Brown’s syndrome is a condition which can be present from birth or develop later on in life. Around our eye there are 6 eyes muscles which control which direction our eyes moves in. In Browns syndrome one of the muscles, called the Superior Oblique, is affected. The superior oblique turns our eye inwards and upwards.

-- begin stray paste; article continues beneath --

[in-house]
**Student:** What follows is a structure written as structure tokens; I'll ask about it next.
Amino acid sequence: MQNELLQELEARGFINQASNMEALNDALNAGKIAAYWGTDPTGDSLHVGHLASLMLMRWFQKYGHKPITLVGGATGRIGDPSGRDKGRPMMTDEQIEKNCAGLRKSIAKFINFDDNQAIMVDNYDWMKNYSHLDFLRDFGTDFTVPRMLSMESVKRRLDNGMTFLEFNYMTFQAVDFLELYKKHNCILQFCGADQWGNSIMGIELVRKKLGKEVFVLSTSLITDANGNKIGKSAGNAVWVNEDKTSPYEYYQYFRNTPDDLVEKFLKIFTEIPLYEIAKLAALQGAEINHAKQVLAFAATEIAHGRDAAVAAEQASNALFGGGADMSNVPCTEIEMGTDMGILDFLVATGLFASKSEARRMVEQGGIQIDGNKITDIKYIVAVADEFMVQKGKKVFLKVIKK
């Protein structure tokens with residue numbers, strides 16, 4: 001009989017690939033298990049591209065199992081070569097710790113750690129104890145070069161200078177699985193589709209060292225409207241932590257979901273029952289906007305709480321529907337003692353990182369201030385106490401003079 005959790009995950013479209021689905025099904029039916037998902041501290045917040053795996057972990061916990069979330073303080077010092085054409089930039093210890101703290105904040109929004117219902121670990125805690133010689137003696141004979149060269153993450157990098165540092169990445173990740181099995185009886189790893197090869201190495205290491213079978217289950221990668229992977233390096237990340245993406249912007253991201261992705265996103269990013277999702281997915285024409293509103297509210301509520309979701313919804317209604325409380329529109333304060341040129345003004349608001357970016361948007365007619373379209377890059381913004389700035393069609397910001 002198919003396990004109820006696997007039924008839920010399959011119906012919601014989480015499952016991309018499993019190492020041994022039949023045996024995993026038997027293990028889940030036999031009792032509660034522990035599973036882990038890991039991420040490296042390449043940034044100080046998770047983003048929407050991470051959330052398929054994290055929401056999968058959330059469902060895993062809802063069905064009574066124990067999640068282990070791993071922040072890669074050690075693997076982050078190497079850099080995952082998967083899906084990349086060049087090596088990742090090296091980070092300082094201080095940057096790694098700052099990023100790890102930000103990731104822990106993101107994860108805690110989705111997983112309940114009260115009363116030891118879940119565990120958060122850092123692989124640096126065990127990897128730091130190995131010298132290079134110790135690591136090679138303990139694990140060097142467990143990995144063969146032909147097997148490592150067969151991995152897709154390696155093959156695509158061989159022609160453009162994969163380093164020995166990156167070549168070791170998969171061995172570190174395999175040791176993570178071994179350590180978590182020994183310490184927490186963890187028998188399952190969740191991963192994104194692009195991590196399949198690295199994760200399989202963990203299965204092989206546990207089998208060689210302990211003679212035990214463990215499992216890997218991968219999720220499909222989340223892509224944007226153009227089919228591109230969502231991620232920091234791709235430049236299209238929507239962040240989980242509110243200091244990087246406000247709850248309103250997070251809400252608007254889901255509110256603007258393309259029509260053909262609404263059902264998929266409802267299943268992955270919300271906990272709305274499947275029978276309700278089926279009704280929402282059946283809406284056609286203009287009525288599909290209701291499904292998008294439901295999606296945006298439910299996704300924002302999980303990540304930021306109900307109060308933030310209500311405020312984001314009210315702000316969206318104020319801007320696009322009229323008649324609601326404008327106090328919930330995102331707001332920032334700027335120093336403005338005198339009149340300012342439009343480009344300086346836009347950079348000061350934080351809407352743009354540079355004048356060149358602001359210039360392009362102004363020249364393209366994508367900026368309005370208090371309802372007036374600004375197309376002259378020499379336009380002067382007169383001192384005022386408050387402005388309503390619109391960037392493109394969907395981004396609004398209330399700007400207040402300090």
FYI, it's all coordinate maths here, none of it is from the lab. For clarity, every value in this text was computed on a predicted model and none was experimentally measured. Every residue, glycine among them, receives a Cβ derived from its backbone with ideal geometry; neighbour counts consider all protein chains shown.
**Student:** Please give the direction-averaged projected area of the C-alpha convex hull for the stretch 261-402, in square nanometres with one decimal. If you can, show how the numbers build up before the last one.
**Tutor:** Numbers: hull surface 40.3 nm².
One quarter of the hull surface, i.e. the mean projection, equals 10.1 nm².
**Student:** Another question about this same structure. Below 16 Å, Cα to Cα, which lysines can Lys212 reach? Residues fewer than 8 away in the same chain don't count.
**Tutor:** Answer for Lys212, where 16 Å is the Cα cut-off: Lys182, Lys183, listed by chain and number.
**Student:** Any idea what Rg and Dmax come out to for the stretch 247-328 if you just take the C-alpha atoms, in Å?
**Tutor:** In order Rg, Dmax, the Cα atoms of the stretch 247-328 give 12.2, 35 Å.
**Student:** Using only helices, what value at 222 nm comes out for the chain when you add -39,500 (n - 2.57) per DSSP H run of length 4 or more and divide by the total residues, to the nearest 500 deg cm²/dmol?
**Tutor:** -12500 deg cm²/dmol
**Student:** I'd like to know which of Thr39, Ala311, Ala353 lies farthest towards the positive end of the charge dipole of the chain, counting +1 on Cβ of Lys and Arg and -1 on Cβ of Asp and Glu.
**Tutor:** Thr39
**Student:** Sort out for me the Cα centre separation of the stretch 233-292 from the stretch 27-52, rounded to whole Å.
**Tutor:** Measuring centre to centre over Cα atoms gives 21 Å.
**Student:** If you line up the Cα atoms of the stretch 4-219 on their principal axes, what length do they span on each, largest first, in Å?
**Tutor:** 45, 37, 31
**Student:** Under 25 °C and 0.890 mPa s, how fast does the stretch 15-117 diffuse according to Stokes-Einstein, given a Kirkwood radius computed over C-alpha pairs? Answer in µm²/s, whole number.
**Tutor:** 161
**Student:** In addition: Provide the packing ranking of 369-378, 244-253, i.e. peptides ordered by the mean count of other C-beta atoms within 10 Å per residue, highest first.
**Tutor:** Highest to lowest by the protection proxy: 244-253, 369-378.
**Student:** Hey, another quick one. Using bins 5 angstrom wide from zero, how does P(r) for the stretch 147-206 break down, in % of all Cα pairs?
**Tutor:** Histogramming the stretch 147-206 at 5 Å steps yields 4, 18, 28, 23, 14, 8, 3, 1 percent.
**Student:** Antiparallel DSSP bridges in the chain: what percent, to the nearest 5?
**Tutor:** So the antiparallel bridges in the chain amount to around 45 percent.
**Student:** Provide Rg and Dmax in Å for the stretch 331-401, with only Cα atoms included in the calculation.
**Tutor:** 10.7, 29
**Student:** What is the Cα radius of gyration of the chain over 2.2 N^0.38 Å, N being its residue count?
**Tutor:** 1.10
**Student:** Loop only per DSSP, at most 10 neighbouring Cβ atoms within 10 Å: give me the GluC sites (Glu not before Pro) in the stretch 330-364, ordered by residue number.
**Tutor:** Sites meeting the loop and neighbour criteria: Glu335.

The Superior Oblique passes through a ring of cartilage called the Trochlea, which acts as a natural “pulley” system in helping the eye to move. In Brown’s syndrome, there is a defect to the trochlea, or, to the muscle itself. This stops the muscle from passing through the Trochlea, thus, inhibiting the eye to look up and inwards.